The Technical Writer  (2003) from Johnny Web (Uncle Scoopy; Greg Wroblewski)

In this offbeat film, Michael Harris plays an agoraphobic whose entire existence seems to consist of sitting and typing away on three computers in his Manhattan basement apartment. He has all his meals delivered to his building, and he doesn't even seem to bathe, get a haircut, or clean his apartment. Apart from typing and sleeping, his only social interaction consists of conversations with an elderly woman who lives in his building. She is dying and bed-ridden, so Harris acts as her part-time nurse and confidante.

Although the writer doesn't seem to be interested in changing his life, some kinky new neighbors have other ideas. William Forsythe and Tatum O'Neal play the couple in the penthouse, extroverted freethinkers who change the life of the introverted scribe. The gregarious Forsythe drags Harris to a party in the penthouse - an orgy, as it turns out. When Forsythe wanders into the group grope, the technical writer is engaged in conversation by O'Neal on the terrace. As the film develops, we learn that Forsythe and O'Neal are auditioning the writer for a kind of sex game, someone who will eventually make love to O'Neal while Forsythe watches. Forsythe thinks the technical writer is a lost cause, but O'Neal is bored and her husband is about to go out for months on a location shoot, so she takes on the reclusive author as her project.

Her challenge - to get him to reclaim first his humanity, then his sexuality. In the course of the film, the writer undergoes a significant metamorphosis, awakening from the near-death stupor he had fallen into, going outside, relating to people again, and helping his dying neighbor in the process.

I thought the film had many positives and an excellent ending, but stumbled a few times along the way. The casting of the wooden O'Neal was the greatest liability. I could never figure out what she was trying to do with the character. Was she in love with the writer? Was she pretending to be in love with him in order to seduce him into the threesome? Is she capable of any feeling at all? Is her relationship with the writer a betrayal of her husband or part of their predetermined plan? Is she seducing the unwashed writer because she is bored, because she is intrigued by the man, or because she is just being a dutiful wife? I didn't get any feel for these answers because Tatum just doesn't bring the answers into the role. It seems that she's just reciting lines, and sometimes artificially at that.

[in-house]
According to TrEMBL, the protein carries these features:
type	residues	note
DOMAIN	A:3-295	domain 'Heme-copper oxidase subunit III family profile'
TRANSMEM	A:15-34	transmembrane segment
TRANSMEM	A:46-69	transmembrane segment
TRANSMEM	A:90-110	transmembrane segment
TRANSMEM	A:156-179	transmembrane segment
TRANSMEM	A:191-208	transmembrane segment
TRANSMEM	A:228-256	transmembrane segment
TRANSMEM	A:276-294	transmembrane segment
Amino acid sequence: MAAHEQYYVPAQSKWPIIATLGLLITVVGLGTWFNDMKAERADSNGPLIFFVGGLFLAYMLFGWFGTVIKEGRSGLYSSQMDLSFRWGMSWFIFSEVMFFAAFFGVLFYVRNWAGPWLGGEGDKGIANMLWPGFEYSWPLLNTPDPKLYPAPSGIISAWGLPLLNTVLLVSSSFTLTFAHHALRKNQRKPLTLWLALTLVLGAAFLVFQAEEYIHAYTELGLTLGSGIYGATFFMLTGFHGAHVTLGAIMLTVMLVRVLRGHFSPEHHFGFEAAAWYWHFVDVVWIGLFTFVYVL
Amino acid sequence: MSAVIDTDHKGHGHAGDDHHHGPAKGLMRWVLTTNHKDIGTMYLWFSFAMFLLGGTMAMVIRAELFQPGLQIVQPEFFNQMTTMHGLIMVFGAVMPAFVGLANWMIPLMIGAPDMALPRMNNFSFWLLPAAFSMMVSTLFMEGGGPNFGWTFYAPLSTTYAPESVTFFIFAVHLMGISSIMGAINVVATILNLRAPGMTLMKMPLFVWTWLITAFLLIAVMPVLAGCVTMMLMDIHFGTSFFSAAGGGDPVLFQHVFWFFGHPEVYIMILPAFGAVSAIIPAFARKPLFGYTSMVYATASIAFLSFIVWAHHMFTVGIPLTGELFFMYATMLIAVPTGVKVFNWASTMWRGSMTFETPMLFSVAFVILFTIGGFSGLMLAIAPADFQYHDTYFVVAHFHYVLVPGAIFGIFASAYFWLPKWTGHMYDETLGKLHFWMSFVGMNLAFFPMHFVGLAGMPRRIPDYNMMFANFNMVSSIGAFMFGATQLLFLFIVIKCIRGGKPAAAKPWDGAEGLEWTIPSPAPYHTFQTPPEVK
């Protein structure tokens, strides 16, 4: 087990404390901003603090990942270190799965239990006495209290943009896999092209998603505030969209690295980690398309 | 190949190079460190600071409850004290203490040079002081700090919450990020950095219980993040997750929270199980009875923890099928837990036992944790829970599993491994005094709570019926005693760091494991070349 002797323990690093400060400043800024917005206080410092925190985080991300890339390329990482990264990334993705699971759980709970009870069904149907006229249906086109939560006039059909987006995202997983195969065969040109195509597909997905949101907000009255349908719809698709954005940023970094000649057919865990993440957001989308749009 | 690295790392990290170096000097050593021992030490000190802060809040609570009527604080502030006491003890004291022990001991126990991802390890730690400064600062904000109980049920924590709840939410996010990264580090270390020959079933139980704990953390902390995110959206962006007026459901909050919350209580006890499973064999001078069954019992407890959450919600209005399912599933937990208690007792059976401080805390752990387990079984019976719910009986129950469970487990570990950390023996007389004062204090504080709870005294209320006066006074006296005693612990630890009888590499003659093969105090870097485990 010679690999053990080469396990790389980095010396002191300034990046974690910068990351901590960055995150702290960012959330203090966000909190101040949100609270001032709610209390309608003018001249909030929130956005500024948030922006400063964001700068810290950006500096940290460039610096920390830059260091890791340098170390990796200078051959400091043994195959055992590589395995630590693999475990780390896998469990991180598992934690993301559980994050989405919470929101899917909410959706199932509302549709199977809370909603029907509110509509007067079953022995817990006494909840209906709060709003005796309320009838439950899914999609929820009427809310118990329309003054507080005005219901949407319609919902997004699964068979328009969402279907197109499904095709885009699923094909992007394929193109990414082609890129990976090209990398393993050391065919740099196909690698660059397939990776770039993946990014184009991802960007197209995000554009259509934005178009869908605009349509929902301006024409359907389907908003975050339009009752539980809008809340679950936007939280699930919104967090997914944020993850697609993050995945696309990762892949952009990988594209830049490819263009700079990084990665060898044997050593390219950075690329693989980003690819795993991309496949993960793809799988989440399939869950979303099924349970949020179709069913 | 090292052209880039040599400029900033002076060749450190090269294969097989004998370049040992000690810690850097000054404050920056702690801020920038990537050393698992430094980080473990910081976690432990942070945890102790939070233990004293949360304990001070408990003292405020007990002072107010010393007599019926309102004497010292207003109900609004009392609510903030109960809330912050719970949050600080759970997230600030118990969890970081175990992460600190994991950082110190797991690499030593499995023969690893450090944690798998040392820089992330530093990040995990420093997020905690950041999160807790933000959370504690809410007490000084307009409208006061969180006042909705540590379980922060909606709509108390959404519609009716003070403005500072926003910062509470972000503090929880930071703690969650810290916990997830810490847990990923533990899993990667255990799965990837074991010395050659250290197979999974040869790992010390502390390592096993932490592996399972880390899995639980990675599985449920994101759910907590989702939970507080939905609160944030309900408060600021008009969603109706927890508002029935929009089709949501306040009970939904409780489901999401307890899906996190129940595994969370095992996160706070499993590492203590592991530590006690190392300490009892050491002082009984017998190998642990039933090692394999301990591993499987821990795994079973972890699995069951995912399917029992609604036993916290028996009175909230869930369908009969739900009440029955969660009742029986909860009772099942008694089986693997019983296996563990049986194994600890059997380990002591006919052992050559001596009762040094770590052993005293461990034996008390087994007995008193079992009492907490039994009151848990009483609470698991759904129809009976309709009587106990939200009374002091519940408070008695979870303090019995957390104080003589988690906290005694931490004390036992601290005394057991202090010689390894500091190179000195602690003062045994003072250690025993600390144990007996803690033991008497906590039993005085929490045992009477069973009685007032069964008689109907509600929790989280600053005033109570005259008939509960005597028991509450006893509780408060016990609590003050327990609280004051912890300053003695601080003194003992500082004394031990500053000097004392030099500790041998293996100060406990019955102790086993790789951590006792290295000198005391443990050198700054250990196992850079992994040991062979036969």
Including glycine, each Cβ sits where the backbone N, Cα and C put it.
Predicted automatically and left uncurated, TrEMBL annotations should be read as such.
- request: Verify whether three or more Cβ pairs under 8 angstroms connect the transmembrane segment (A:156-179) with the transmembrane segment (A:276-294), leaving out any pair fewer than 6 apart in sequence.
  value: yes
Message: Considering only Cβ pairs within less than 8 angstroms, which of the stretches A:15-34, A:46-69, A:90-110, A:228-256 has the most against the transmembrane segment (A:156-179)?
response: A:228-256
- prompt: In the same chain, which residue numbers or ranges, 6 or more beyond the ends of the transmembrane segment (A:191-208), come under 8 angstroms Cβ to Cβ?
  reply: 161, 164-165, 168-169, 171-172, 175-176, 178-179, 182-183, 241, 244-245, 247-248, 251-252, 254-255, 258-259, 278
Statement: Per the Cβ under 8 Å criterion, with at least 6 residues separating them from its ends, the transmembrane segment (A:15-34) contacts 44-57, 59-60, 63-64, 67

NUDITY: there is some miscellaneous nudity in the first 15 minutes or so. William Forsythe and Tatum O'Neal invite Michael Harris to a party at their apartment. The party turns out to be an orgy, to Harris's astonishment. There is some frontal nudity scattered through the party action, but the participants are anonymous and the scenes are shot at very low light levels. Ms O'Neal herself is seen in bikini underwear, inexplicit silhouetted nudity (actually just suggested nudity when light shines through her dress), and cleavage shots.